Money Management Using The Kelly Criterion

By Justin Kuepper AAA

We often hear about the importance of diversifying, but perhaps it's easier said than done. How much money do we put in each stock? When do we buy or sell those stocks? These are all questions that can be answered by defining a money management system. Here we look at the Kelly Criterion, one of the many techniques that can be used to manage your money effectively.

The History
John Kelly, who worked for AT&T's Bell Laboratory, originally developed the Kelly Criterion to assist AT&T with its long distance telephone signal noise issues. Soon after the method was published as "A New Interpretation Of Information Rate" (1956), however, the gambling community got wind of it and realized its potential as an optimal betting system in horse racing. It enabled gamblers to maximize the size of their bankroll over the long term. Today, many people use it as a general money management system for not only gambling but also investing.

The Basics
There are two basic components to the Kelly Criterion:
• Win probability - The probability that any given trade you make will return a positive amount.
• Win/loss ratio - The total positive trade amounts divided by the total negative trade amounts.

These two factors are then put into Kelly's equation:
Kelly % = W – [(1 – W) / R]

Where:
W = Winning probability
R = Win/loss ratio

The output is the Kelly percentage, which we examine below.

Putting It to Use
Kelly's system can be put to use by following these simple steps:

  1. Access your last 50-60 trades. You can do this by simply asking your broker, or by checking your recent tax returns (if you claimed all your trades). If you are a more advanced trader with a developed trading system, then you can simply back test the system and take those results. The Kelly Criterion assumes, however, that you trade the same way you traded in the past.
  2. Calculate "W", the winning probability. To do this, divide the number of trades that returned a positive amount by your total number of trades (positive and negative). This number is better as it gets closer to one. Any number above 0.50 is good.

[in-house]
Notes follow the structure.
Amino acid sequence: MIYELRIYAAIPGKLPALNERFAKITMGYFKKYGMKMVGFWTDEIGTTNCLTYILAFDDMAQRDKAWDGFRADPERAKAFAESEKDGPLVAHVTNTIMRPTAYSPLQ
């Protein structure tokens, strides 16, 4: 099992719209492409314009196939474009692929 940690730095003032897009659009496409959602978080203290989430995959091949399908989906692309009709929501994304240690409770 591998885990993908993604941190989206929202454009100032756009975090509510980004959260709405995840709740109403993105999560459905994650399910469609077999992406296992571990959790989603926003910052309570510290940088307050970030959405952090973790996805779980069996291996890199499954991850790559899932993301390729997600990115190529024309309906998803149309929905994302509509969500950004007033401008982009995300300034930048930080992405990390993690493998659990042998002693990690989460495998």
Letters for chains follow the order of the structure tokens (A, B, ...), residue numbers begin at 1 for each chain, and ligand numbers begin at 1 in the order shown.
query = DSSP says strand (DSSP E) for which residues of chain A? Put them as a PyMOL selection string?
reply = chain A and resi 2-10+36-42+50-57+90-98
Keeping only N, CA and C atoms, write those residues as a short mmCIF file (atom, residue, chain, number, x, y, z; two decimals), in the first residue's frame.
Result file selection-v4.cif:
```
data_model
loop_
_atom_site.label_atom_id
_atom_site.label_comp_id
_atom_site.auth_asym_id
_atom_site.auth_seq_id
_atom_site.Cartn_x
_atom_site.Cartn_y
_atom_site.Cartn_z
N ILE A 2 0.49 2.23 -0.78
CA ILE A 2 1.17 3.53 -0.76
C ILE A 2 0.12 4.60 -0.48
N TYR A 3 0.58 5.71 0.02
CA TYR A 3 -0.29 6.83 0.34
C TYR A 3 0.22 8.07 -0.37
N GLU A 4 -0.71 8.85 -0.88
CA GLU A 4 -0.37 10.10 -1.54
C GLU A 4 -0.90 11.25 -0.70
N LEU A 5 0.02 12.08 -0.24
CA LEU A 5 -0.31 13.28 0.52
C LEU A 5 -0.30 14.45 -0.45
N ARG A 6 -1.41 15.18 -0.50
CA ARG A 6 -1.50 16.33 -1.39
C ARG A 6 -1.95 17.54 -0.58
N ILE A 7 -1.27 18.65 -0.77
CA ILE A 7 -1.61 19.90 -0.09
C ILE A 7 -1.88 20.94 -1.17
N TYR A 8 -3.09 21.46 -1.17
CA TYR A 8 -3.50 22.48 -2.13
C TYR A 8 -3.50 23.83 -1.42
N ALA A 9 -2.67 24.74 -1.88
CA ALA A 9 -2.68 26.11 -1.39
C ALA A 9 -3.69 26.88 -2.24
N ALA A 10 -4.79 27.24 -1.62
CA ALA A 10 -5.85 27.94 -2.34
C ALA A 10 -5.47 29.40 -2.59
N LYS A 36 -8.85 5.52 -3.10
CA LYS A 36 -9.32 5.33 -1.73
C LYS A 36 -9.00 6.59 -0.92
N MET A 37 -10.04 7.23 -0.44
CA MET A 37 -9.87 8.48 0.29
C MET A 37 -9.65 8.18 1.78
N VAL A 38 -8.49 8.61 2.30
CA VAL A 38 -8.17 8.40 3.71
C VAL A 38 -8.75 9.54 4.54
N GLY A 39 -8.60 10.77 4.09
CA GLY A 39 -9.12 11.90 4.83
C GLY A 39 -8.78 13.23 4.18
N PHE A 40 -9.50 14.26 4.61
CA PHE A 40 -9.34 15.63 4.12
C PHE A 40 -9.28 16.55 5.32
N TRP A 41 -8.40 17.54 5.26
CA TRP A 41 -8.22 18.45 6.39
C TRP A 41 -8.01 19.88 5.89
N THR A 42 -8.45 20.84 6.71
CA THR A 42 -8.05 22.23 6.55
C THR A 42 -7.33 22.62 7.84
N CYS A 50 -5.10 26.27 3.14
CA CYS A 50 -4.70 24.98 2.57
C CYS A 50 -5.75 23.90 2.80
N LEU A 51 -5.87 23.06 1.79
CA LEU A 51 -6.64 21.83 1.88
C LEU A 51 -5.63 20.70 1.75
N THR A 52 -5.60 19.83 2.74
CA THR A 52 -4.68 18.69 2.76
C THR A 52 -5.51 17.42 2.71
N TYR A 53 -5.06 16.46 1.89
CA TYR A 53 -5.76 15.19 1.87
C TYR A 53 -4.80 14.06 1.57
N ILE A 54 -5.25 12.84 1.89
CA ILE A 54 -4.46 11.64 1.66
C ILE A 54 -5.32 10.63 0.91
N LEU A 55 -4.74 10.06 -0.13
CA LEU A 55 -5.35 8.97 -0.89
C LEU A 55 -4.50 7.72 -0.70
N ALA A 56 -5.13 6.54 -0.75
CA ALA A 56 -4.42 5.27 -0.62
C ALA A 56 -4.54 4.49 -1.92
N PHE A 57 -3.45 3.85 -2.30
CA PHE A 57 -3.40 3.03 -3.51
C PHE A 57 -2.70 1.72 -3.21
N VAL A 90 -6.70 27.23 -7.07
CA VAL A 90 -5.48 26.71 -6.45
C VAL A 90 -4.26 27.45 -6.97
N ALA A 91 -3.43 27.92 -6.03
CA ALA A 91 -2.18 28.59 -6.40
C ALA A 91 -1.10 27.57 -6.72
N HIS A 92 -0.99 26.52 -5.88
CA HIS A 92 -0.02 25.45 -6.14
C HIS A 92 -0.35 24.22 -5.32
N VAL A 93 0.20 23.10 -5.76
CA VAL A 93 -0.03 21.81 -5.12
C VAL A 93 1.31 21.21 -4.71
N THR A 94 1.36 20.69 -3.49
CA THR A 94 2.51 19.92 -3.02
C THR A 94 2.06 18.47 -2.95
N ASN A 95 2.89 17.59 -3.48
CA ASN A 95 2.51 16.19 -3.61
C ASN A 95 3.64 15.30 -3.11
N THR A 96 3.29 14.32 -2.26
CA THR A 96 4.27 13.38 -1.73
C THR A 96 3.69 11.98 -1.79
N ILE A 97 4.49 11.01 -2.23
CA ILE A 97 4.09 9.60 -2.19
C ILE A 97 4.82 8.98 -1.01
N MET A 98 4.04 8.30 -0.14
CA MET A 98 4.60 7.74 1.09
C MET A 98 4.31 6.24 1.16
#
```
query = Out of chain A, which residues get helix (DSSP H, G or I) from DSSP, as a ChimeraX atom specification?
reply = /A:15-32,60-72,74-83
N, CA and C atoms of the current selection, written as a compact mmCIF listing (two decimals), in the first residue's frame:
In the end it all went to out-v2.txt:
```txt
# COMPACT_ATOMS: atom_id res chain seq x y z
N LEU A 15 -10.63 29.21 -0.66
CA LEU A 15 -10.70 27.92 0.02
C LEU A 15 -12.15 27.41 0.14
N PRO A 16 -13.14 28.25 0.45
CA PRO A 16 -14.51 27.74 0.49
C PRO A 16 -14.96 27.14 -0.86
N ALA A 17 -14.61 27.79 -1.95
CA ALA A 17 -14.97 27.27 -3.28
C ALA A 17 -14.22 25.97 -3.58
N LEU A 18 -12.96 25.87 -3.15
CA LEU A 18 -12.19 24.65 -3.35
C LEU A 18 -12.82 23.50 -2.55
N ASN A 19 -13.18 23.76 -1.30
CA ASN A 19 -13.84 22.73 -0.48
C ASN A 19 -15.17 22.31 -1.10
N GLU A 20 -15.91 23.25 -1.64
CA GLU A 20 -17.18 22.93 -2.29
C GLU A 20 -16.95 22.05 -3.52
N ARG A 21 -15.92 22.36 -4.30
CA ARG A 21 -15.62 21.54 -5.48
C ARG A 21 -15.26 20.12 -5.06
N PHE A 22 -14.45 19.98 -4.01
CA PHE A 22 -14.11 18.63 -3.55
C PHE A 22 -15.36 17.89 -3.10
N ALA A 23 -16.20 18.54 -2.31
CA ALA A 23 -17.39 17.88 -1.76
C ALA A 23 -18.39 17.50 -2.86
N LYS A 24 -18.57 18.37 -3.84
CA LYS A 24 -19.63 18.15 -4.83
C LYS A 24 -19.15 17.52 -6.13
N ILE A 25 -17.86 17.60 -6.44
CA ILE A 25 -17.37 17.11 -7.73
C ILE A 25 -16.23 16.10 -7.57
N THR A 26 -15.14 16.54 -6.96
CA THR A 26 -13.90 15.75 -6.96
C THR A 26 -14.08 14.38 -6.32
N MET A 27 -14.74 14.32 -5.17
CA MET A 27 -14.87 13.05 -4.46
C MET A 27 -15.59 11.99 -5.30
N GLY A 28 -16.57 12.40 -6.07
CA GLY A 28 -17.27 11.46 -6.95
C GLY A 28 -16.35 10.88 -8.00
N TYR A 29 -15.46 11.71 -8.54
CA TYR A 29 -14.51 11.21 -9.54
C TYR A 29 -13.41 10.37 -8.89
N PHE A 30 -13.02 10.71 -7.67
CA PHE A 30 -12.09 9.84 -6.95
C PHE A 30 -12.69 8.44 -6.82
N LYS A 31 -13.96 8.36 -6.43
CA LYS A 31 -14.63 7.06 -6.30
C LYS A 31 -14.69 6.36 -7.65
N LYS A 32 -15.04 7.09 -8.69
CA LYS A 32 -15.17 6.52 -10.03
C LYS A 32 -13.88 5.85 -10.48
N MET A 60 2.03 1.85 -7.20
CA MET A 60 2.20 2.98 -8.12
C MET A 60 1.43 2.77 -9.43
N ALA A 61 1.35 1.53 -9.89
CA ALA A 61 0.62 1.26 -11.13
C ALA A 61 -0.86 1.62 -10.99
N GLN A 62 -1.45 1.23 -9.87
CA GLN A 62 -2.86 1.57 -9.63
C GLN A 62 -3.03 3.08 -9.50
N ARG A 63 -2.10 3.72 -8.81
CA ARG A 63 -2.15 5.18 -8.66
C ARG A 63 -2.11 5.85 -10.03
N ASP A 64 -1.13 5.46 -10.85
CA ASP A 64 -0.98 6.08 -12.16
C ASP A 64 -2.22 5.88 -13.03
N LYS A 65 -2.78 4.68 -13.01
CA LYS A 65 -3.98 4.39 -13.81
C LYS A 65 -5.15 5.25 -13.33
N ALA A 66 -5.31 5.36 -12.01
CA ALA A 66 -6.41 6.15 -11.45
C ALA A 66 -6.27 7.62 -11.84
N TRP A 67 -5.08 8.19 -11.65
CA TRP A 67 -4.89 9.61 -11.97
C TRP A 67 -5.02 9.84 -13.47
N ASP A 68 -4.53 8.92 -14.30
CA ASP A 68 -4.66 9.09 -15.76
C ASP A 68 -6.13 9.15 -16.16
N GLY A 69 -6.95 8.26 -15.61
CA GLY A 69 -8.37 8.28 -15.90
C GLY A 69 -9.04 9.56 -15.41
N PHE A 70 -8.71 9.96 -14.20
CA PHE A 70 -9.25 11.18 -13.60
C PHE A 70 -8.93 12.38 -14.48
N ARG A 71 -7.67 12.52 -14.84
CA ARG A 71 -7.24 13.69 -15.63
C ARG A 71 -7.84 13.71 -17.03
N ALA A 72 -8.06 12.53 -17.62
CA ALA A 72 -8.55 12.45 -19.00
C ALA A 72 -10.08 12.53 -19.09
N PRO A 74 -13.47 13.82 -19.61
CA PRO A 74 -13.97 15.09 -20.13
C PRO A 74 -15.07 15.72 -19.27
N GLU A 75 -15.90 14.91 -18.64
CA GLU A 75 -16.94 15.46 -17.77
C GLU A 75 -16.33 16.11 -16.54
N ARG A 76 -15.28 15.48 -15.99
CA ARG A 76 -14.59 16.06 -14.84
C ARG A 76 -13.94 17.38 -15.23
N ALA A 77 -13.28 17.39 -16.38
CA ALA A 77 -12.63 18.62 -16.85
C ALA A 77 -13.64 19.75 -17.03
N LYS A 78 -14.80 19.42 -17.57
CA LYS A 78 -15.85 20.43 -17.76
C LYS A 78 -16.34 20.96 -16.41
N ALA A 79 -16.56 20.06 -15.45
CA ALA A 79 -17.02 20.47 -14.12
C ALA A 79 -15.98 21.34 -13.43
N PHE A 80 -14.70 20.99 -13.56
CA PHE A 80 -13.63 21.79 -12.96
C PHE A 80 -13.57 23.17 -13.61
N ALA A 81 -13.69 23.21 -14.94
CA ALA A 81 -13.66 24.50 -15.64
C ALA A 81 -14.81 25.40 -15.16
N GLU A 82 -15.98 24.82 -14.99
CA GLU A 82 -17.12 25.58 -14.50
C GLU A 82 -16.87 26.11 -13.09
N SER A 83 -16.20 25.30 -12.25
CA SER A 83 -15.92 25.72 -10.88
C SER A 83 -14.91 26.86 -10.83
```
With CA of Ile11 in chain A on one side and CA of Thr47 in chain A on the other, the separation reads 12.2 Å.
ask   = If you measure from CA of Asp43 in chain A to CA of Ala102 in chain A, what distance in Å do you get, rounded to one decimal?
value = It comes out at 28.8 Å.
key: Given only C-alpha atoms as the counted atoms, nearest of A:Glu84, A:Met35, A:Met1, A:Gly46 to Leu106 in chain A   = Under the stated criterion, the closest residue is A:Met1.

3. Calculate "R," the win/loss ratio. Do this by dividing the average gain of the positive trades by the average loss of the negative trades. You should have a number greater than 1 if your average gains are greater than your average losses. A result less than one is manageable as long as the number of losing trades remains small.
  4. Input these numbers into Kelly's equation: K% = W – [(1 – W) / R].
  5. Record the Kelly percentage that the equation returns.

Interpreting the Results
The percentage (a number less than one) that the equation produces represents the size of the positions you should be taking. For example, if the Kelly percentage is 0.05, then you should take a 5% position in each of the equities in your portfolio. This system, in essence, lets you know how much you should diversify.

The system does require some common sense, however. One rule to keep in mind, regardless of what the Kelly percentage may tell you, is to commit no more than 20-25% of your capital to one equity. Allocating any more than this is carries far more risk than most people should be taking.

Is It Effective?

This system is based on pure mathematics. However, some people may question whether this math originally developed for telephones is actually effective in the stock market or gambling arenas.

By showing the simulated growth of a given account based on pure mathematics, an equity chart can demonstrate the effectiveness of this system. In other words, the two variables must be entered correctly, and it must be assumed that the investor is able to maintain such performance. Here is an example:

Here we see the activity in 50 simulated trading accounts by means of an equity curve. The average amount won is the same as the average amount lost. However, the people are able to win 60% of the time. The Kelly Criterion then tells them to allocate 19% of their capital to each equity (giving them about five equities). The result is a positive return in the long run for all traders (notice some short-term downside, however). The highest return was 140% (started at 100, went to 240) over 453 bars. Bars represent the time between trades or trading system outputs.

Why Isn't Everyone Making Money?
No money management system is perfect. This system will help you to diversify your portfolio efficiently, but there are many things that it can't do. It cannot pick winning stocks for you, make sure you continue to trade consistently or predict sudden market crashes (although it can lighten the blow).

Also, there is always a certain amount of "luck" or randomness in the markets, which can alter your returns. Consider again the above chart. See how the best person received a 140% return and the worst got less than 40%. Both traders used the same system, but randomness and volatility can cause temporary swings in account value.

The Bottom Line
Money management cannot ensure that you always make spectacular returns, but it can help you limit your losses and maximize your gains through efficient diversification. The Kelly Criterion is one of many models that can be used to help you diversify.

SEE: The Importance Of Diversification, 5 Tips for Diversifying Your Portfolio and Achieving Optimal Asset Allocation.

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